It has been nearly three months since the Malaysian government imposed its Movement Control Order (MCO) on 18th March 2020 and it’s now in the Recovery MCO period. Singapore’s so-called Circuit Breaker (CB) followed suit on 7th April 2020. As a result, the two Causeways that have connected the island-state to the Malaysian peninsula through Johor Bahru have largely fallen silent. While it is understandable that the respective lockdowns were inevitable in order to contain the outbreak of the COVID-19 in both countries, it is also apparent that there have been immense economic and social costs.
Prior to the lockdowns on both sides, the two Causeways have been one of the most crowded and busiest border crossings in the world, where up to 300,000 persons travel across it daily. For many Malaysians, Singapore is a sought after destination to earn a salary that is far more attractive than what they would get back home. This is due to exchange rates where the Singaporean dollar is virtually three times the value of the Malaysian Ringgit, which naturally translates into a better quality of life. An estimated number of over 400,000 Malaysians either live in Singapore or commute back and forth for at least five days a week, mostly from Johor Bahru (JB). They are Singapore’s largest transnational workforce, but are probably the most ‘invisible’ in its society due to similarities in language and ways of life.
Similarly, Singapore needs them just as much because Malaysians also form part of the industries that are crucial to everyday life; occupations that many Singaporeans now eschew. They include hairdressers, plumbers, carpenters, renovation contractors, factory workers, cooks, sales personnel, home movers, delivery personnel, air-conditioner technicians, janitors, car mechanics, bus drivers, ‘kopitiam’ staff, confinement nannies – and the list goes on.
At the same time, what is often less highlighted are also the thousands of Singaporeans who own homes in Johor Bahru, with some having made the decision to live there while commuting to work in Singapore during the weekdays. Although exact statistics are not clear, it has been estimated that there are up to 5000 or more Singaporean families living across the two Causeways. For many such Singaporeans, the socially constructed national borders are neither far less relevant nor act as an obstacle, as the distinction between what is home and foreign has been irrevocably blurred. The fact that there are several hundred or more Singaporeans enrolled at the various international universities located at EduCity in Iskandar Malaysia should also not be lost on us. JB is also a well-known destination for many Singaporeans on weekends, who travel across in the tens of thousands for access to greater affordability on groceries, dining, furniture, car-washing services, and chiropractic care, traditional Thai massage, along with medical and dental care.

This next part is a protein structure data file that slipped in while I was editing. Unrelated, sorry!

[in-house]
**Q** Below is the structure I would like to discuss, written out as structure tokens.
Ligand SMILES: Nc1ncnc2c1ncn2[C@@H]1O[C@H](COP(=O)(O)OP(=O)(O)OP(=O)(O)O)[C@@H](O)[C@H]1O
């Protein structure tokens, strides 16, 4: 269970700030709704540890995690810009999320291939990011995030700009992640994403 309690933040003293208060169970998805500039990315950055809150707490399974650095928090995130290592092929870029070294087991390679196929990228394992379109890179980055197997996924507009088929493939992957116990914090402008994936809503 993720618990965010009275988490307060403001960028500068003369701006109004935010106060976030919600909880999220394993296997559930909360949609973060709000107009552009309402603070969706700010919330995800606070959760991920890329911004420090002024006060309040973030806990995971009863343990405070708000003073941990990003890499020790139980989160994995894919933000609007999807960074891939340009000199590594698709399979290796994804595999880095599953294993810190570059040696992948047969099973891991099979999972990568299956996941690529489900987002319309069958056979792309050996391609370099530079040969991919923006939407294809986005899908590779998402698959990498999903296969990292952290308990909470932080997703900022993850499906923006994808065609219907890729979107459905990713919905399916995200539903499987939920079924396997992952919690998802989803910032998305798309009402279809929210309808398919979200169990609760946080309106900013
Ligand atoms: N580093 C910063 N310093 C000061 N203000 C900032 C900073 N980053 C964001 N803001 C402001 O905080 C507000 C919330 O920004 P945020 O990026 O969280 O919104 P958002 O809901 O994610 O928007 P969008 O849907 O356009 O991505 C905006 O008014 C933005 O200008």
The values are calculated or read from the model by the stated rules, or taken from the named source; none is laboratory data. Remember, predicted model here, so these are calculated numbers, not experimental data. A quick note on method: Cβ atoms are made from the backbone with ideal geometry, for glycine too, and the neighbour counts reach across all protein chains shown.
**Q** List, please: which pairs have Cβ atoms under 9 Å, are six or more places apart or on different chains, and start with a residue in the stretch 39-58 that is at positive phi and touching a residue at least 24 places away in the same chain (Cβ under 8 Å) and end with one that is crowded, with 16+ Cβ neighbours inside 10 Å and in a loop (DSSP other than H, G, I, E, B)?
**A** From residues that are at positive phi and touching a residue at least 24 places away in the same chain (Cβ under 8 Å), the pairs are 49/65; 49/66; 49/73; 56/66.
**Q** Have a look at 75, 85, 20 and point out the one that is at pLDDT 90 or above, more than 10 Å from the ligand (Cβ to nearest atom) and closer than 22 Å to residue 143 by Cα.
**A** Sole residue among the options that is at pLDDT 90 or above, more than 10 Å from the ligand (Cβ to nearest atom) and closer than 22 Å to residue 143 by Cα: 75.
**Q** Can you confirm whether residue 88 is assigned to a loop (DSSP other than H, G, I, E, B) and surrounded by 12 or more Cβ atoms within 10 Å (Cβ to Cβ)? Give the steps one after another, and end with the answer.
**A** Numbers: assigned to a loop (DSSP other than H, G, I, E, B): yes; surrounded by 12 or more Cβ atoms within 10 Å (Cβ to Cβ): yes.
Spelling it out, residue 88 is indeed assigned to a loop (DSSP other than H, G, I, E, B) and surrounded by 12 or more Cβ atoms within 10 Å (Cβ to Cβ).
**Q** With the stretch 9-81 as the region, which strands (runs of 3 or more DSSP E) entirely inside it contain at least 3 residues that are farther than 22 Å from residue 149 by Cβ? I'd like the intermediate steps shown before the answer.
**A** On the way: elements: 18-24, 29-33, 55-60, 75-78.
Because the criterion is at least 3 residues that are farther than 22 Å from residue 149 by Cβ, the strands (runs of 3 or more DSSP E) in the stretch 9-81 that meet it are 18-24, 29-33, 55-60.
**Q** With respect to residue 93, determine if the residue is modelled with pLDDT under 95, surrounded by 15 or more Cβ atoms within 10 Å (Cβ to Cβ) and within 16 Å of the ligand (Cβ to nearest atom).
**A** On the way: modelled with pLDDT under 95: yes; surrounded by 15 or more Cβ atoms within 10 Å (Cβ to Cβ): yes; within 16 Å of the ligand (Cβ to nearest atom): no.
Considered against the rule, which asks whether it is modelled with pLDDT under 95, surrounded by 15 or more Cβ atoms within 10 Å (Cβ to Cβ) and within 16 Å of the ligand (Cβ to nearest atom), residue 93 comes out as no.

Functional needs aside, many Singaporeans cross the border to JB to take a break from the spatial and social constraints of their island-state that is often perceived as too regulated and uptight for some. Interestingly, while the vast majority of Malaysians who traverse the two Causeways to Singapore to seek better income, the Singaporeans who either live in JB or are regular travellers do so because JB, has emerged as a viable alternative to the “Singapore narrative” of success. JB, therefore, is not only more cost-friendly, but has given Singaporeans a real option beyond their own society, which in recent decades, has become increasingly demanding in terms of expenses, work-life balance and its sheer pace of life. For many working-class Singaporeans earning modest salaries, JB is preferred when it comes to a convenient family holiday at attractions like LEGOLAND Malaysia Resort or even a weekend stay at KSL Resort as opposed to the exorbitant choices back home on Sentosa or Marina Bay Sands.